The self-improvement of the series of connecting tissues by exercise in other members, takes place in a more peculiar manner, rather mechanical than chemical and physiological. The motions of the joints are made easier by exercise; and making stiff joints movable is one of the most grateful objects of orthopedy. Herr Henke explains the unusual suppleness of the so-called India-rubber men as the result of relaxation of the ligaments, a disappearance of edge-surfaces of bone, and a diminished radius of curvature of the sliding surfaces, but particularly of a prolongation of the flesh-fibers at the expense of the tendons. Possibly an elastic tissue is formed in the ligaments of their limbs. Whether such a tissue grows in the vocal cords after exercise in vibrating them is still uncertain.
To make our statement complete, the increased ease in labor—bought, it is true, at the cost of greater danger of secondary bleedings—of those who have borne many times, belongs here. We may also regard as a self-improvement, although belonging to another region, the relaxing after-birth, and the accompanying reflex action of the breast upon the uterus.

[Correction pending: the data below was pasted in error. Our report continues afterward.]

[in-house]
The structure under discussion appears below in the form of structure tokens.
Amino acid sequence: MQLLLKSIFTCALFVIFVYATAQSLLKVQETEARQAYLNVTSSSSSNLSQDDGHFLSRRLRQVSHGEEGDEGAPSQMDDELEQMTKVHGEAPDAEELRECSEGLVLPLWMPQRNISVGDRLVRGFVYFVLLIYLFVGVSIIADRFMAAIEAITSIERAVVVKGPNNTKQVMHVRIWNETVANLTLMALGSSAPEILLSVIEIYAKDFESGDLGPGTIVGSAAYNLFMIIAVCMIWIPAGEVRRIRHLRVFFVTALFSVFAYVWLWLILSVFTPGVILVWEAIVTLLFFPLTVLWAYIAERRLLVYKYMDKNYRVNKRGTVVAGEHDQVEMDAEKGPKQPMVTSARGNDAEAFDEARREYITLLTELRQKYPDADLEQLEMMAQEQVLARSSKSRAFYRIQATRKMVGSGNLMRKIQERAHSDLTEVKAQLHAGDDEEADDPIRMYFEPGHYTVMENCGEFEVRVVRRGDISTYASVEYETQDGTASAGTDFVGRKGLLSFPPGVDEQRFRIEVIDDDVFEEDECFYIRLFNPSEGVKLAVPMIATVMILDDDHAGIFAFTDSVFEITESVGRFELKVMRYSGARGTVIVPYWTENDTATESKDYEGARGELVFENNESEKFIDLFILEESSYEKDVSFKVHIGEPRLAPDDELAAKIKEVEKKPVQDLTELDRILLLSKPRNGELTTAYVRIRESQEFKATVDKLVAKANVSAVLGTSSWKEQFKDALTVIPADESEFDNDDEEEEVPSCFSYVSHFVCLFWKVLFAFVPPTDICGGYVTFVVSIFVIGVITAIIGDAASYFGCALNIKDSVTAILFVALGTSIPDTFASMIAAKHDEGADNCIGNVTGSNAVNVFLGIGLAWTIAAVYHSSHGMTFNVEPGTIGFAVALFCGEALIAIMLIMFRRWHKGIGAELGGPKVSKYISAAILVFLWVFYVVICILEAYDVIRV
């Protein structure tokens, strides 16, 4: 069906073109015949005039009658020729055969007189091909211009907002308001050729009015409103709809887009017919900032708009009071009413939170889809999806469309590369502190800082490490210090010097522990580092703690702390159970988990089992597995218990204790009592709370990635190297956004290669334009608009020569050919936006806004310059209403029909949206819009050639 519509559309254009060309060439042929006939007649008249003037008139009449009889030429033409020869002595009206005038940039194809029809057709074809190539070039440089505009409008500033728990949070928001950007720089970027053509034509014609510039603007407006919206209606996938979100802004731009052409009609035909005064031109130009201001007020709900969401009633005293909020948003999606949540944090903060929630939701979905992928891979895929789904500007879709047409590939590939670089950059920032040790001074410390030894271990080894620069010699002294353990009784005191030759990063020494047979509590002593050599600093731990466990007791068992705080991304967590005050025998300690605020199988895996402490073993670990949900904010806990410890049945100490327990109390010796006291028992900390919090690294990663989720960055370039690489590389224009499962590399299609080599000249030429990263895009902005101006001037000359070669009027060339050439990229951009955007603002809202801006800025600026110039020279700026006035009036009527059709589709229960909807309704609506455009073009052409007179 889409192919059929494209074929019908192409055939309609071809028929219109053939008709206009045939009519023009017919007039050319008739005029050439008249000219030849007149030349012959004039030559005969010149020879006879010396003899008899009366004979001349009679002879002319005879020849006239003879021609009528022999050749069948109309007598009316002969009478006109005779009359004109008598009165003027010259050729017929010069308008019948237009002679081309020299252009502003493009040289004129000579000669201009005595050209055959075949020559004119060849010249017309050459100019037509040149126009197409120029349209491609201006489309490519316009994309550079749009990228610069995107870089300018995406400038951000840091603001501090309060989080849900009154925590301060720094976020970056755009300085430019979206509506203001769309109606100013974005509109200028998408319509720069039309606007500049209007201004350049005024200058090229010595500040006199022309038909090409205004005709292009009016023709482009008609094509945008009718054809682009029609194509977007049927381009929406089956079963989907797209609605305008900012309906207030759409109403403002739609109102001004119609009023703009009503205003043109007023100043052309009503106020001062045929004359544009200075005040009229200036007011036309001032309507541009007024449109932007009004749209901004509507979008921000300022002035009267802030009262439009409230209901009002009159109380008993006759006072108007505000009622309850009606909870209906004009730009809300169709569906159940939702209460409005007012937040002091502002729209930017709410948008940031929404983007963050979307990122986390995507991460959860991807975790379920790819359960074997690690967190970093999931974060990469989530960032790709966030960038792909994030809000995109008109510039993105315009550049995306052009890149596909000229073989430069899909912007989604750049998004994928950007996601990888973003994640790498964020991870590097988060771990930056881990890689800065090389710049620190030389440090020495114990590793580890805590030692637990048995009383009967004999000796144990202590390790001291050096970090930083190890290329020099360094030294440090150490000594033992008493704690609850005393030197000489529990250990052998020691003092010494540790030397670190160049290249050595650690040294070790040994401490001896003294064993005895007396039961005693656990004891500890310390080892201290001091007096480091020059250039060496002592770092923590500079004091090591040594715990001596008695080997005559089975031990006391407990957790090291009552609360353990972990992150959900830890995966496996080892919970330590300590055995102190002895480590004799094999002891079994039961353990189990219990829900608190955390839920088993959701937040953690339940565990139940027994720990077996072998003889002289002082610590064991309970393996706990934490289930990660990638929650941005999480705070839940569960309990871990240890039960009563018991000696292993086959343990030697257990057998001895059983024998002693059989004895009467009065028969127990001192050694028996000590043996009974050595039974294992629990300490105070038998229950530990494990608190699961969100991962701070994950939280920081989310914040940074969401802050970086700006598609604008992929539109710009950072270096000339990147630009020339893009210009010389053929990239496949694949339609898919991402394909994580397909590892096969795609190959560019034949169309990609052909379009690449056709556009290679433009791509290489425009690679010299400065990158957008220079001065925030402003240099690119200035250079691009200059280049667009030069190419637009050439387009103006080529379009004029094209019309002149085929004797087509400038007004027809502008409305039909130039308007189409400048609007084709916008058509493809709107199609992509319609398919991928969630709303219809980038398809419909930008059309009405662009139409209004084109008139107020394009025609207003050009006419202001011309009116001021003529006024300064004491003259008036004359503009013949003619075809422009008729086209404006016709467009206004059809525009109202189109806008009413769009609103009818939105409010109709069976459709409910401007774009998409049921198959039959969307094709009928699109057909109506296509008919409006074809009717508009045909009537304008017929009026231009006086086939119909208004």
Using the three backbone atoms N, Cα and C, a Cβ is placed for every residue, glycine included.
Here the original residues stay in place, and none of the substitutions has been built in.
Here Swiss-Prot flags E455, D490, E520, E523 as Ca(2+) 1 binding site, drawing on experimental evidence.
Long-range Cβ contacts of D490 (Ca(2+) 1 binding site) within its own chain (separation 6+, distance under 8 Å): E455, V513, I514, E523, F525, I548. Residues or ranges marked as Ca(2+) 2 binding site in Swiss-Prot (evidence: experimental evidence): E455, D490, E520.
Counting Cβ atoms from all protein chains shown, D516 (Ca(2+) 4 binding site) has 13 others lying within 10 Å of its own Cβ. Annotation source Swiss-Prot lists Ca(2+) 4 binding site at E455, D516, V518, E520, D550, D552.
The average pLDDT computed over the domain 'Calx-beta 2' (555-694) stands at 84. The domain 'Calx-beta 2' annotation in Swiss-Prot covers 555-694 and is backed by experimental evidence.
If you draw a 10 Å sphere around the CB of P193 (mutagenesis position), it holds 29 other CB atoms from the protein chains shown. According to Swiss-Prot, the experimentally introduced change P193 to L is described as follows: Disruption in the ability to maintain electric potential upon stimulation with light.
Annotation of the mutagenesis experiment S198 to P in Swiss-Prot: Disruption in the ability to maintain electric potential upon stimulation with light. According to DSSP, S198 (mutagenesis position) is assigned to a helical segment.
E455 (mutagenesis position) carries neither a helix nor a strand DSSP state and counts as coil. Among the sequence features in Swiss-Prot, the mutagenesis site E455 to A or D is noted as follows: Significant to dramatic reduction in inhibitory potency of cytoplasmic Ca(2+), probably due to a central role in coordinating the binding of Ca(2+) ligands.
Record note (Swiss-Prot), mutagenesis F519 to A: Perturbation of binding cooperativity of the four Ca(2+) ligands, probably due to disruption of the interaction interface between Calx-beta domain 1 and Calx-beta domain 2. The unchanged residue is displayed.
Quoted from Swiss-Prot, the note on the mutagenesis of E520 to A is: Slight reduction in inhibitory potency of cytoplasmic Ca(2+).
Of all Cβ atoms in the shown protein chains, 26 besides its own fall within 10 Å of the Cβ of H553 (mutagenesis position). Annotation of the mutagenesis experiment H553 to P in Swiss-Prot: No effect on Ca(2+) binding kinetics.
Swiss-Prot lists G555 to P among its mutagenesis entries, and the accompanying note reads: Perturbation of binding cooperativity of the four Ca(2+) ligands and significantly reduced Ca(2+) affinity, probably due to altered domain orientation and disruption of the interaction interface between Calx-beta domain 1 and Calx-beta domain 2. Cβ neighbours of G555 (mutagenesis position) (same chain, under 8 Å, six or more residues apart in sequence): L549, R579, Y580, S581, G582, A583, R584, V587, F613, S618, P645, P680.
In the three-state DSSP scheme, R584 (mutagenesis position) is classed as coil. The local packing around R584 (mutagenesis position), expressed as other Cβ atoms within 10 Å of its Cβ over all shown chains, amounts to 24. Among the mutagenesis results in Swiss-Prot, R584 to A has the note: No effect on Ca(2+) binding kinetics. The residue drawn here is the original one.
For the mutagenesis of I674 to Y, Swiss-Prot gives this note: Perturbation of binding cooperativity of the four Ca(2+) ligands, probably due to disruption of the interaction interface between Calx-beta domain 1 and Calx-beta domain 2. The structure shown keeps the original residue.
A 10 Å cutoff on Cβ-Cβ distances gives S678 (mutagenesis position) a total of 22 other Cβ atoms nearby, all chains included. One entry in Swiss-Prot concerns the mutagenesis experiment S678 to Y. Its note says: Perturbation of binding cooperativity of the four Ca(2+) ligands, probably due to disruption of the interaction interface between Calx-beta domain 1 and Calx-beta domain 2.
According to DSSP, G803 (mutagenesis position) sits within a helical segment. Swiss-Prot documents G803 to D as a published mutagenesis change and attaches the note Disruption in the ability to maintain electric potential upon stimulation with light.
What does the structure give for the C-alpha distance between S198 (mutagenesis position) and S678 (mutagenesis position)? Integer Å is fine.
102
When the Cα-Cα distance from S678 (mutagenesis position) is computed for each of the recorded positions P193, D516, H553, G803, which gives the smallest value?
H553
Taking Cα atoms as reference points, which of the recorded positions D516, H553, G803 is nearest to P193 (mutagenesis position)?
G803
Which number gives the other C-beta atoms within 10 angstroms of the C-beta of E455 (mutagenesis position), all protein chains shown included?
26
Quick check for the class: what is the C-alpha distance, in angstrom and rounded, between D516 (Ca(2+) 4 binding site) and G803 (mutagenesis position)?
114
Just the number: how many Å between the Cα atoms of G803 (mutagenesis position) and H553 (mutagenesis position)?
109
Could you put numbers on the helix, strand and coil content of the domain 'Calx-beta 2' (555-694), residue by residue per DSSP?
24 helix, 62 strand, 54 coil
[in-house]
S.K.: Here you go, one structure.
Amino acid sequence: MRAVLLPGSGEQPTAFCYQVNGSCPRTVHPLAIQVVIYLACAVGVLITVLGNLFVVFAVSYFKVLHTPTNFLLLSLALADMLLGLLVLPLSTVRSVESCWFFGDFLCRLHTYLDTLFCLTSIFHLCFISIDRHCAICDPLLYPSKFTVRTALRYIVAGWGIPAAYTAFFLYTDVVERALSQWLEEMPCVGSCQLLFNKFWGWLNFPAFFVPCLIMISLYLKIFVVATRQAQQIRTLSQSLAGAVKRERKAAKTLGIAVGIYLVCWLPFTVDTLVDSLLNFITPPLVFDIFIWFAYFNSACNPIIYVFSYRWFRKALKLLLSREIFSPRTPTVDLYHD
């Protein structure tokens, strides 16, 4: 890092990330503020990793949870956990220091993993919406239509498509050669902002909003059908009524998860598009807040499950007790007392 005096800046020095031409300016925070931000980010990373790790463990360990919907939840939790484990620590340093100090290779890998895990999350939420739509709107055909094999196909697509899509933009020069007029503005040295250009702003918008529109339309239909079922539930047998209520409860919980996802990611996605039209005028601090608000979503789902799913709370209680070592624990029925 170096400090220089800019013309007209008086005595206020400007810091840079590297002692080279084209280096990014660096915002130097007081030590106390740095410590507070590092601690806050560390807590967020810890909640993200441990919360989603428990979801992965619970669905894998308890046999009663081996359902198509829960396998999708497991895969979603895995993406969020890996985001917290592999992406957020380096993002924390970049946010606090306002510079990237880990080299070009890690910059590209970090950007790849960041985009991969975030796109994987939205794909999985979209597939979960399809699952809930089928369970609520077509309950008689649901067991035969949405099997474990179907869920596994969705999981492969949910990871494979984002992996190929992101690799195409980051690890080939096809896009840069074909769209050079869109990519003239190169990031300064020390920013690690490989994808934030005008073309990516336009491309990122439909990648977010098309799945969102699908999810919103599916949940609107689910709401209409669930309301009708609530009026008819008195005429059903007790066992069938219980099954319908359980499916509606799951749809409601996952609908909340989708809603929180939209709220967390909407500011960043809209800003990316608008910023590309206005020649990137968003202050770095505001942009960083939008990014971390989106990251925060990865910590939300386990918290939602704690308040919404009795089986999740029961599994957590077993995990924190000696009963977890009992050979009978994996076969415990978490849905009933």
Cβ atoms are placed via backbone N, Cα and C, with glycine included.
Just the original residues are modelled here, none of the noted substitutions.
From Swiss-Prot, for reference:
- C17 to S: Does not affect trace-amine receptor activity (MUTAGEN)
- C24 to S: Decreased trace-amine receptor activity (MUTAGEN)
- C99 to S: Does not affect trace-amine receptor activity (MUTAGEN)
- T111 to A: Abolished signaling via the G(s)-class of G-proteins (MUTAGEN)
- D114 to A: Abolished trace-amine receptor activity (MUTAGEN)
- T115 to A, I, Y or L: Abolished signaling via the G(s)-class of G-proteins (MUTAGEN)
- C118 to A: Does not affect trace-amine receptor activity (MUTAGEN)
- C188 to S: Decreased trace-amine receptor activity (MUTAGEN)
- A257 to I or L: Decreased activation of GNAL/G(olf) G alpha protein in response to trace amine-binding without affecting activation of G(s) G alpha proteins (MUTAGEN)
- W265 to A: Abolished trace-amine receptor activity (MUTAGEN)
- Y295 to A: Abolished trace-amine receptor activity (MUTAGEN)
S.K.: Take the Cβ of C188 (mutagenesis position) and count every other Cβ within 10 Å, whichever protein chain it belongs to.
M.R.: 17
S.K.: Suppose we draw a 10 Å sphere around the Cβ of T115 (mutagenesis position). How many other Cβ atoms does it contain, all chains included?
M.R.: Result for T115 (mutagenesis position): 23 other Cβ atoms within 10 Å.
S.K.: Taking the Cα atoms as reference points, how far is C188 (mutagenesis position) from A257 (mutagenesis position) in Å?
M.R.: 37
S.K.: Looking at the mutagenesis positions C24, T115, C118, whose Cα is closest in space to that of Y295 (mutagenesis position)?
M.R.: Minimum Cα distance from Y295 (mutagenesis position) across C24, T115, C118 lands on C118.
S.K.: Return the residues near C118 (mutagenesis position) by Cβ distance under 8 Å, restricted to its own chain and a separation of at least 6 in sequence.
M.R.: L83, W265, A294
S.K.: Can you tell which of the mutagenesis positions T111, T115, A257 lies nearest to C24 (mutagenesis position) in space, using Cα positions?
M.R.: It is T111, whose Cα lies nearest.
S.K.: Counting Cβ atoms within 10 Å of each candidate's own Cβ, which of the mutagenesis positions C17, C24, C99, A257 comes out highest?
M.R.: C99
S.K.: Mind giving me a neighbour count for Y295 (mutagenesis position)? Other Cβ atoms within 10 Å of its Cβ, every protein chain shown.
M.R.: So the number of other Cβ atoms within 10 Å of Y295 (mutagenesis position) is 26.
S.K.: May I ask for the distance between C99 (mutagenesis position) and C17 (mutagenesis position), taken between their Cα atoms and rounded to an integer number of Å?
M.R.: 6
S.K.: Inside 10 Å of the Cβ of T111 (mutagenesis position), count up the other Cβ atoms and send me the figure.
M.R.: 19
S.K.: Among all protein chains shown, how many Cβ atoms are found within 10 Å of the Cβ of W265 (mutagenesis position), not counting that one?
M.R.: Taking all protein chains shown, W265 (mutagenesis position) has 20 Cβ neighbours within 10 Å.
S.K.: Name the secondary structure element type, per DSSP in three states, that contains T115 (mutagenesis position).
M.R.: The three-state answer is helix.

The glands are another class of tissues the efficiency of winch is raised by exercise. The sexual glands—the milk-glands and testicles—are known to be capable of remaining at rest for years and even for life, while their tissues are subject to a considerable diminution, as is also normally the case with animals during the intervals between the periods of heat. Inversely the sexual glands attain a wonderful degree of production by means of alternations of rest and activity, as is exemplified by stallions, milch-cows, sheep, and goats. If the breast glands are not kept exercised by sucking, the udder by milking, they dry up and sink to rest till they are newly excited in sympathetic action with the uterus. The same can not be immediately proved of the fluids of secretory glands, but it is hardly doubtful that a digestive vessel that is kept active by two meals a day, with its glandular attachments, will dispose of a larger quantity of the various digestive fluids than that of a penitent. The kidneys of the practiced beer-drinker give passage to an incredible quantity of fluid. Finally, one who reads in the sketches of the manners of the last century of the continual weeping of the sentimental men and women of the time, will hardly be able to restrain the presumption that their tear-glands were brought up to the work by practice. We are as ignorant concerning the mechanism of the self-improvement of the glands through exercise as concerning the process of secretion in them. Since this process is different in nearly every gland, according to what nerves are introduced in one the secreted matter increases; in another becomes fatty; in another persists unchanged, but receives and gives out matter, or undergoes changes in itself—the problem appears twice as intricate and the information doubly scanty, so that at last we have to do again only with an increased accession of matter and more frequent innervation.